A staff of 20 engineers and inspectors, plus various consultants, is assisting Moonin. Parsons Corporation is taking on the role of the program manager.
The pumping station will be 525 ft. (160.02 m) deep, reaching to an operating pumping elevation of 875 ft. (266.7 m) above sea level. That is approximately 52 stories underground. It has two basic levels: the forebay at the bottom, and the supporting equipment at the top. The pumps will sit just below the 875 ft. elevation mark. There also is an electrical building that is about 11,000-sq. ft.
The station can be operated and monitored by personnel on site and remotely. It will be connected to the SNWA’s SCADA system.
To link the pumping station to the existing water network, 4,000 ft. (1,219.2 m) of pipe — two lines, along with two discharge aqueducts, will be installed in the next few years.
“The pipes will be fabricated at a diameter and have welded joint,” said Moonin, “so we don’t expect any leaks. We’re just now discussing the pipe specifications with the manufacturers and looking at the different pipe materials.”
Barnard construction crews have been on site since May.
“We’ve been performing pre-construction services for the SNWA,” said Jordan Hoover, Barnard’s project manager, “which involves working directly with their design engineer to help finalize and develop a constructible product and we have been able to analyze the construction risk and select optimized means and methods. We try to prepare in every way possible.”
Hoover’s team will drill and blast to excavate the access shaft that will be lined with concrete and then create the 400 ft. forbay cavern via a drill and shoot method. The drilling of the 34 well shafts will be done from the surface by blind bore drilling. The construction of the above-ground pump station will be negotiated in a future contract.
The shaft excavation, which should take three years to complete, has to be as precise as possible.
“We’ll be drilling 10-foot production rounds — loading and shooting — and then we do a mucking cycle to excavate out the shot material that is hoisted to the surface and dumped,” Hoover said. “We then provide temporary ground support in the rock and repeat the process. In strategic increments we’ll suspend the excavation and install the concrete liner.”
Encountering the large fault and smaller ones will be an ongoing challenge.
“Especially the large one and those that are bearing of water,” said Hoover. “To be able to predict and intercept them during the excavation process, we’ll be doing a pre-excavation water control probing and grouting program at 100-foot intervals. The probe holes will intercept the water and the grouting system will help seal off the flowing water and consolidate any features that are groutable.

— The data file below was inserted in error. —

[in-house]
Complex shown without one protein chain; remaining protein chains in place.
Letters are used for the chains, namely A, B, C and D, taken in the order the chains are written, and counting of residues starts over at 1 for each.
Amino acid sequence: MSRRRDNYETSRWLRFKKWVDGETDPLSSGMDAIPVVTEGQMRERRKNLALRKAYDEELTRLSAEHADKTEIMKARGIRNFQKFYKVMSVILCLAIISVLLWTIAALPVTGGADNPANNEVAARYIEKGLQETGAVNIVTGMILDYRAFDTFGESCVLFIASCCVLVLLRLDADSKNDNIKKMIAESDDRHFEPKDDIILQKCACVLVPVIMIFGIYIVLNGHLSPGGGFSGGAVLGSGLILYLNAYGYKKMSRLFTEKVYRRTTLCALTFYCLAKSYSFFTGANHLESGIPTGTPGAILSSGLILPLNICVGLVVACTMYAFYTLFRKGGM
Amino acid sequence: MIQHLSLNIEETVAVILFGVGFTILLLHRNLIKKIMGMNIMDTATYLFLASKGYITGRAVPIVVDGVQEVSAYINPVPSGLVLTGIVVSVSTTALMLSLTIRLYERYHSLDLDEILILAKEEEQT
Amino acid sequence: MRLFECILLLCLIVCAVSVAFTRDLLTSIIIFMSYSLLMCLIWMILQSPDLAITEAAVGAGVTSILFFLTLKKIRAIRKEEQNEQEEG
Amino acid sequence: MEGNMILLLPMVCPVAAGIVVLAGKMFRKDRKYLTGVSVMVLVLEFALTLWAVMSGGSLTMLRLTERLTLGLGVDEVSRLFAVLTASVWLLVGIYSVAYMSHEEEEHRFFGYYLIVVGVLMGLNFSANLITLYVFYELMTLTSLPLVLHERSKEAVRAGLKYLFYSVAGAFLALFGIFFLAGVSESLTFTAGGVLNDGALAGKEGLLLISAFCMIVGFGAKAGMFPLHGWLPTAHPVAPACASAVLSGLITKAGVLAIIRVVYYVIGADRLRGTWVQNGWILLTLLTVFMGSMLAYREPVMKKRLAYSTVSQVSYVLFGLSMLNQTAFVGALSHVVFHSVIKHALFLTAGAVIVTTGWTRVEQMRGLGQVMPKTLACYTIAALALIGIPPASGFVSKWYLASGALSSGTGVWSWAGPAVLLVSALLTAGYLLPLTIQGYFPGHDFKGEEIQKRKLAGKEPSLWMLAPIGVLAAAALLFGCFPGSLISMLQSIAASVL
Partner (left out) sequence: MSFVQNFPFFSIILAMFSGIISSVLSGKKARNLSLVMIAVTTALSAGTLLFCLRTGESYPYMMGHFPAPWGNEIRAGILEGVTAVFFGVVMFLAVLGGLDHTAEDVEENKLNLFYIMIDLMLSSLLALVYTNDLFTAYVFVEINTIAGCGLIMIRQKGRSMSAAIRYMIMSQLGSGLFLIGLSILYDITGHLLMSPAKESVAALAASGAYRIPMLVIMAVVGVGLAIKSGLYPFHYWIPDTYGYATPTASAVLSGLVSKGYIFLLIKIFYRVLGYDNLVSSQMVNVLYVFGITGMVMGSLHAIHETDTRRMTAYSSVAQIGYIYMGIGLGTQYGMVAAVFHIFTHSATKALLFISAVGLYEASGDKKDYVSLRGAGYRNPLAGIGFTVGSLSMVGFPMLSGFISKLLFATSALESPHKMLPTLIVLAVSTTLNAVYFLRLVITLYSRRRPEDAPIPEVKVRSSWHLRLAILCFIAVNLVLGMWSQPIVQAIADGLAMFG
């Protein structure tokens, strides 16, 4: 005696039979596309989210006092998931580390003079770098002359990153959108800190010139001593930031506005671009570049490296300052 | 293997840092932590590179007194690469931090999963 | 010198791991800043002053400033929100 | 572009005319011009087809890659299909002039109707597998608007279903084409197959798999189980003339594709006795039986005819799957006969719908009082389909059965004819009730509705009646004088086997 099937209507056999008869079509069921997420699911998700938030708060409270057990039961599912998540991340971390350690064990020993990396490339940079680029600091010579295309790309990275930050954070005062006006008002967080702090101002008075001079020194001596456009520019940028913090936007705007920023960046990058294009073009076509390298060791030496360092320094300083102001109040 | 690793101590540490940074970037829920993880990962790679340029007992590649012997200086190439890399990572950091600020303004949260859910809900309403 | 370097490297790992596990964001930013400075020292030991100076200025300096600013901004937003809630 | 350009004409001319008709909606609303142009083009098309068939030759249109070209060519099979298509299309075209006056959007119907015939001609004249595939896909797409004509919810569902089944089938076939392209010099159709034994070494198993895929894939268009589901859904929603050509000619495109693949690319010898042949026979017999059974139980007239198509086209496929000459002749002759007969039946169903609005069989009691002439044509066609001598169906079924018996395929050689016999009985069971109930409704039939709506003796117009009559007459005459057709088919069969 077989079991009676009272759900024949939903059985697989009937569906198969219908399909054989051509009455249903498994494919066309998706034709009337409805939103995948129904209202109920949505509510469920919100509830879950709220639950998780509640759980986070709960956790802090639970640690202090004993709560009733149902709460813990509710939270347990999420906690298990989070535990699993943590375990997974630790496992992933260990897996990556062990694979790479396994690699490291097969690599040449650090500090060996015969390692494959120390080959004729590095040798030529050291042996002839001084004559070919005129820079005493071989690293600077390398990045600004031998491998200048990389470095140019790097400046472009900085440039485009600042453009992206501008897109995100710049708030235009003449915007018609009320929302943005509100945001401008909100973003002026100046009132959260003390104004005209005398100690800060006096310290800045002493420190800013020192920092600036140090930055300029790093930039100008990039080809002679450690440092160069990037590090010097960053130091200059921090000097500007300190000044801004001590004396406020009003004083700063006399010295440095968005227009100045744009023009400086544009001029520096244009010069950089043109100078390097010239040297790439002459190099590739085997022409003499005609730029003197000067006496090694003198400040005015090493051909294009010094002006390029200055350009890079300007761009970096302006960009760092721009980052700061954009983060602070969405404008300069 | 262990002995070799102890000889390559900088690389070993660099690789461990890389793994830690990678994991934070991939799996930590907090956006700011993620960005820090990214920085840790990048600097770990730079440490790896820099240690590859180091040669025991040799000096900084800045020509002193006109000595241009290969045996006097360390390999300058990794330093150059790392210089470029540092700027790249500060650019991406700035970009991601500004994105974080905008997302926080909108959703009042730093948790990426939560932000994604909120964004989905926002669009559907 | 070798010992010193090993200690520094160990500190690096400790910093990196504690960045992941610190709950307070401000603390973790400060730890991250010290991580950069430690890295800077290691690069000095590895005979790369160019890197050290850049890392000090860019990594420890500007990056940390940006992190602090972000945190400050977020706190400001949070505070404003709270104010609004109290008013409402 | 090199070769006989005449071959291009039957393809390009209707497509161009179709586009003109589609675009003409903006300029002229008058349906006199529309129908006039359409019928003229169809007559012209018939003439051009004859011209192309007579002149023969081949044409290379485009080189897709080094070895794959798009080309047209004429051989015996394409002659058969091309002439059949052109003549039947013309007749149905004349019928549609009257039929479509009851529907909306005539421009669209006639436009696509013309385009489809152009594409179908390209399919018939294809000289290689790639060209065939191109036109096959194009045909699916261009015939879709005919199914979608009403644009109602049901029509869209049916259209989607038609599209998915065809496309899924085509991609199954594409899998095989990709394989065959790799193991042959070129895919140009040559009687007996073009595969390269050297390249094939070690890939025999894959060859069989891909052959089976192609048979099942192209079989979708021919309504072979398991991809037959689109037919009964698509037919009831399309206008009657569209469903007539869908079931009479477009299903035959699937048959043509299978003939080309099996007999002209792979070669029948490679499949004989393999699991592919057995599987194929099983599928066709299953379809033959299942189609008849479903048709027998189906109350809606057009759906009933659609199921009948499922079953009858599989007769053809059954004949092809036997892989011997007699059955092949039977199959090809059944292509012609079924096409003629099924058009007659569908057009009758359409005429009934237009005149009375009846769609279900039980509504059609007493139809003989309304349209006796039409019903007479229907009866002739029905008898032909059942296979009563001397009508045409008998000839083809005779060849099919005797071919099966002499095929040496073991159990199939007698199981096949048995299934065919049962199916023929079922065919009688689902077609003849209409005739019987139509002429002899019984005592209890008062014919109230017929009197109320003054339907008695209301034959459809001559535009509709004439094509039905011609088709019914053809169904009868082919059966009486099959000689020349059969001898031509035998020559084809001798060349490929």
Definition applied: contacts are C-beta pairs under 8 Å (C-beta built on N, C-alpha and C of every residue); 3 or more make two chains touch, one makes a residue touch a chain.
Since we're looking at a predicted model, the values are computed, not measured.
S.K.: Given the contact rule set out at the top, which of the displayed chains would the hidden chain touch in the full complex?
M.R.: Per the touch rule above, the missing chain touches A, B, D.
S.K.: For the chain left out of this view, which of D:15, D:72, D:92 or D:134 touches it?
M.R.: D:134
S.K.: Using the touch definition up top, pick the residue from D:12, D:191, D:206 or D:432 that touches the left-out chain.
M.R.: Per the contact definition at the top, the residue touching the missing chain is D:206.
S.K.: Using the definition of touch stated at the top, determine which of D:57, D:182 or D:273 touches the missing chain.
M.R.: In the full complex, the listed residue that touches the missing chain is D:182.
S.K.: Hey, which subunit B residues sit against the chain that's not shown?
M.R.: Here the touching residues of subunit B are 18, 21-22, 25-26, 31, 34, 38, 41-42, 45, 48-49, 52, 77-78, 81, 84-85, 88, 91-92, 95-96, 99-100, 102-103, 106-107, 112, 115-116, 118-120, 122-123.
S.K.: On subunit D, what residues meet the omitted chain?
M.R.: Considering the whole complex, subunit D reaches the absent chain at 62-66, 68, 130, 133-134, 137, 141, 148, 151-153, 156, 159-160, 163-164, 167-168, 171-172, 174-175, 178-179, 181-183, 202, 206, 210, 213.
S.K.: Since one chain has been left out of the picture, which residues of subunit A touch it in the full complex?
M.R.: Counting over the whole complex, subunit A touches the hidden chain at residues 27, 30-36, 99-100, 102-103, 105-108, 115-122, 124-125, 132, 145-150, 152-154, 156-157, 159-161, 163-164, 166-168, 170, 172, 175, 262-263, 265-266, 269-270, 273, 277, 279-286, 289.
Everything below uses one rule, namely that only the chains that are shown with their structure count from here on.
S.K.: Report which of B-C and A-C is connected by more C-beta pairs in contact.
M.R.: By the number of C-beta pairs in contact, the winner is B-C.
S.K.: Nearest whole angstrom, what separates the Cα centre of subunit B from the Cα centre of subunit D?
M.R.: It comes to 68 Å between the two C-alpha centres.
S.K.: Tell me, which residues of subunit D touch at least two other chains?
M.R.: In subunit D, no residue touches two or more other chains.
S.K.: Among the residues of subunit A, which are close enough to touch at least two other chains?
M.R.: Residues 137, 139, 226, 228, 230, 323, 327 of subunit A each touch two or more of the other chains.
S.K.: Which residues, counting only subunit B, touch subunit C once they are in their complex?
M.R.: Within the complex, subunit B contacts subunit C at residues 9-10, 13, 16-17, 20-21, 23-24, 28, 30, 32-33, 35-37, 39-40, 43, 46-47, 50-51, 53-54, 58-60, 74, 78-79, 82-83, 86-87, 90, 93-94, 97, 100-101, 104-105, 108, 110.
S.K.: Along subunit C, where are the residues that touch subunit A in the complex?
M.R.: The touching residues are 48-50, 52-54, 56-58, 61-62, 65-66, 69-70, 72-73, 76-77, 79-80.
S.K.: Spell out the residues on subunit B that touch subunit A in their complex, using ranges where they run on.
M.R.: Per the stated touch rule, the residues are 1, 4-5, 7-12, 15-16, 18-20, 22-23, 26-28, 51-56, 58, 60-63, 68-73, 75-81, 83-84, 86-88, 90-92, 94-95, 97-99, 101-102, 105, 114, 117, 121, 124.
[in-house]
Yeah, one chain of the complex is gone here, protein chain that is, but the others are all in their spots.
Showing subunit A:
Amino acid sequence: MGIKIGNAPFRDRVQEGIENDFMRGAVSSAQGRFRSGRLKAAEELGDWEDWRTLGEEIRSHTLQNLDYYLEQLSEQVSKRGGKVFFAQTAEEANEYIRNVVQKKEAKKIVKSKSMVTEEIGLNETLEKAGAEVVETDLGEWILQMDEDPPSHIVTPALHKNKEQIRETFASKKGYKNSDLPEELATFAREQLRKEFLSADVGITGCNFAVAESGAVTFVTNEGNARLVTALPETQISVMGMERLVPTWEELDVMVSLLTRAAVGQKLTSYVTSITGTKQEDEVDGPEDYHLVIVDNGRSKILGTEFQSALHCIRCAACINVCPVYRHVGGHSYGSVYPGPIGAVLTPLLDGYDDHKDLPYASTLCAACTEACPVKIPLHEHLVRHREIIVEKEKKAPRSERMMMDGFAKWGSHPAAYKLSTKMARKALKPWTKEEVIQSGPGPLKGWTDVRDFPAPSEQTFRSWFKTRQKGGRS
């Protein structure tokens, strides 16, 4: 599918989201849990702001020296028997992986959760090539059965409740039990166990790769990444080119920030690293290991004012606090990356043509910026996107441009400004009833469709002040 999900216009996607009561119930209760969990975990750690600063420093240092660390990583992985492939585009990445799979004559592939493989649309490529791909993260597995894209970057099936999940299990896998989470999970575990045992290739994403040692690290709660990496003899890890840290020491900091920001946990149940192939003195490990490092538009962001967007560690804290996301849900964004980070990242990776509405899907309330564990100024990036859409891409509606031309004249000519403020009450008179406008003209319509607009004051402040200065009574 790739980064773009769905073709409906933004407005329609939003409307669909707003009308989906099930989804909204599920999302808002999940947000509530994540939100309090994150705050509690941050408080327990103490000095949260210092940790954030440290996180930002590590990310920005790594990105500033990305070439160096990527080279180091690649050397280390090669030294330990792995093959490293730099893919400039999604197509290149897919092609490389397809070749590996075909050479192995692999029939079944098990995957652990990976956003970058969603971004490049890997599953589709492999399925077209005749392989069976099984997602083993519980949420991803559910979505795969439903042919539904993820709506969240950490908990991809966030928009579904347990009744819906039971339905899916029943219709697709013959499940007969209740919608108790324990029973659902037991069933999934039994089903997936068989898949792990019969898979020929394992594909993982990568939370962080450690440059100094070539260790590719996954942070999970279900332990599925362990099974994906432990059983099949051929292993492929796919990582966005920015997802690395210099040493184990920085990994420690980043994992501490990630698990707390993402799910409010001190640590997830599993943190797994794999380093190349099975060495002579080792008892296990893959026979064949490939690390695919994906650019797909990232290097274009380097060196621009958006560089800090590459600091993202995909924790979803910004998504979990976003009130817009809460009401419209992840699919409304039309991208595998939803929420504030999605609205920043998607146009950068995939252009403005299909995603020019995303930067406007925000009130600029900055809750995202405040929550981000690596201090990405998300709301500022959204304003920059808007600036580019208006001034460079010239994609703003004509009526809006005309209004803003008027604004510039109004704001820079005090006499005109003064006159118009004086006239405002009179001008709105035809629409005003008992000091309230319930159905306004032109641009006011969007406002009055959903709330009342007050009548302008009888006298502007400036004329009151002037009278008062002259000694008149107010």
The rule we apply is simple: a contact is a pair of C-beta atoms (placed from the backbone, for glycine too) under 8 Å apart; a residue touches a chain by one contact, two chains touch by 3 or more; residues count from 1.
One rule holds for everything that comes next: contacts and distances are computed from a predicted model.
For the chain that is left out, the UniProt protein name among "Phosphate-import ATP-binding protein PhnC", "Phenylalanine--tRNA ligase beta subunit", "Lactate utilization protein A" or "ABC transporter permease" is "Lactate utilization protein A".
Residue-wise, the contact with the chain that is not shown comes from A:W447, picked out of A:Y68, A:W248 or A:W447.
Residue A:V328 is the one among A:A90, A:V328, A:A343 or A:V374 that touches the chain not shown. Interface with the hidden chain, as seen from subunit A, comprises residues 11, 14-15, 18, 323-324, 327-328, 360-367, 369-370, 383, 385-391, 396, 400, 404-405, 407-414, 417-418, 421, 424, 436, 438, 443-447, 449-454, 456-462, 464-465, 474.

“The 34 well shafts will be drilled concurrent with the access shaft excavation,” he added. “They will be drilled from the surface using a blind bore drilling method. The shafts will be lined with a steel liner once they are completed. Once those are complete, we will excavate out the rock directly beneath the well shafts in the forbay chamber.”
The material from the shaft excavation, cavern and tunnel work — more than 150,000 tons (136,077 t) of rock, will be used on site to help provide fill areas, develop more yard and site for the pump station, and create a view-shed berm around the completed pump station. The berm, because the station is in a national park, will shield it from view and give the area a more natural appearance.
The paved road that Vegas Tunnel Contractors built for the intake project will be used by Barnard to provide clean access to the job site for personnel, construction materials, and vehicles. The work will be 24 hour days, via three shifts.
“At peak we anticipate more than 120 craft employees working on the project, as well as 80 subcontractor personnel,” said Hoover.
Subcontractors on the project include North American Drillers for blind bore drilling.
Barnard is still exploring its concrete ready mix options of either batching onsite or utilizing local ready mix plants.
Air will be provided to the crews working in the cavern by a site ventilation system.
“Additional precautions include back-up power for life safety systems underground” said Hoover. “Mine rescuers and re-breathers also are on site as an additional safety precaution. The underground monitor detects CO2 levels and air flow to ensure a safe work environment. Barnard onsite safety team and superintendents lead these efforts every day onsite.”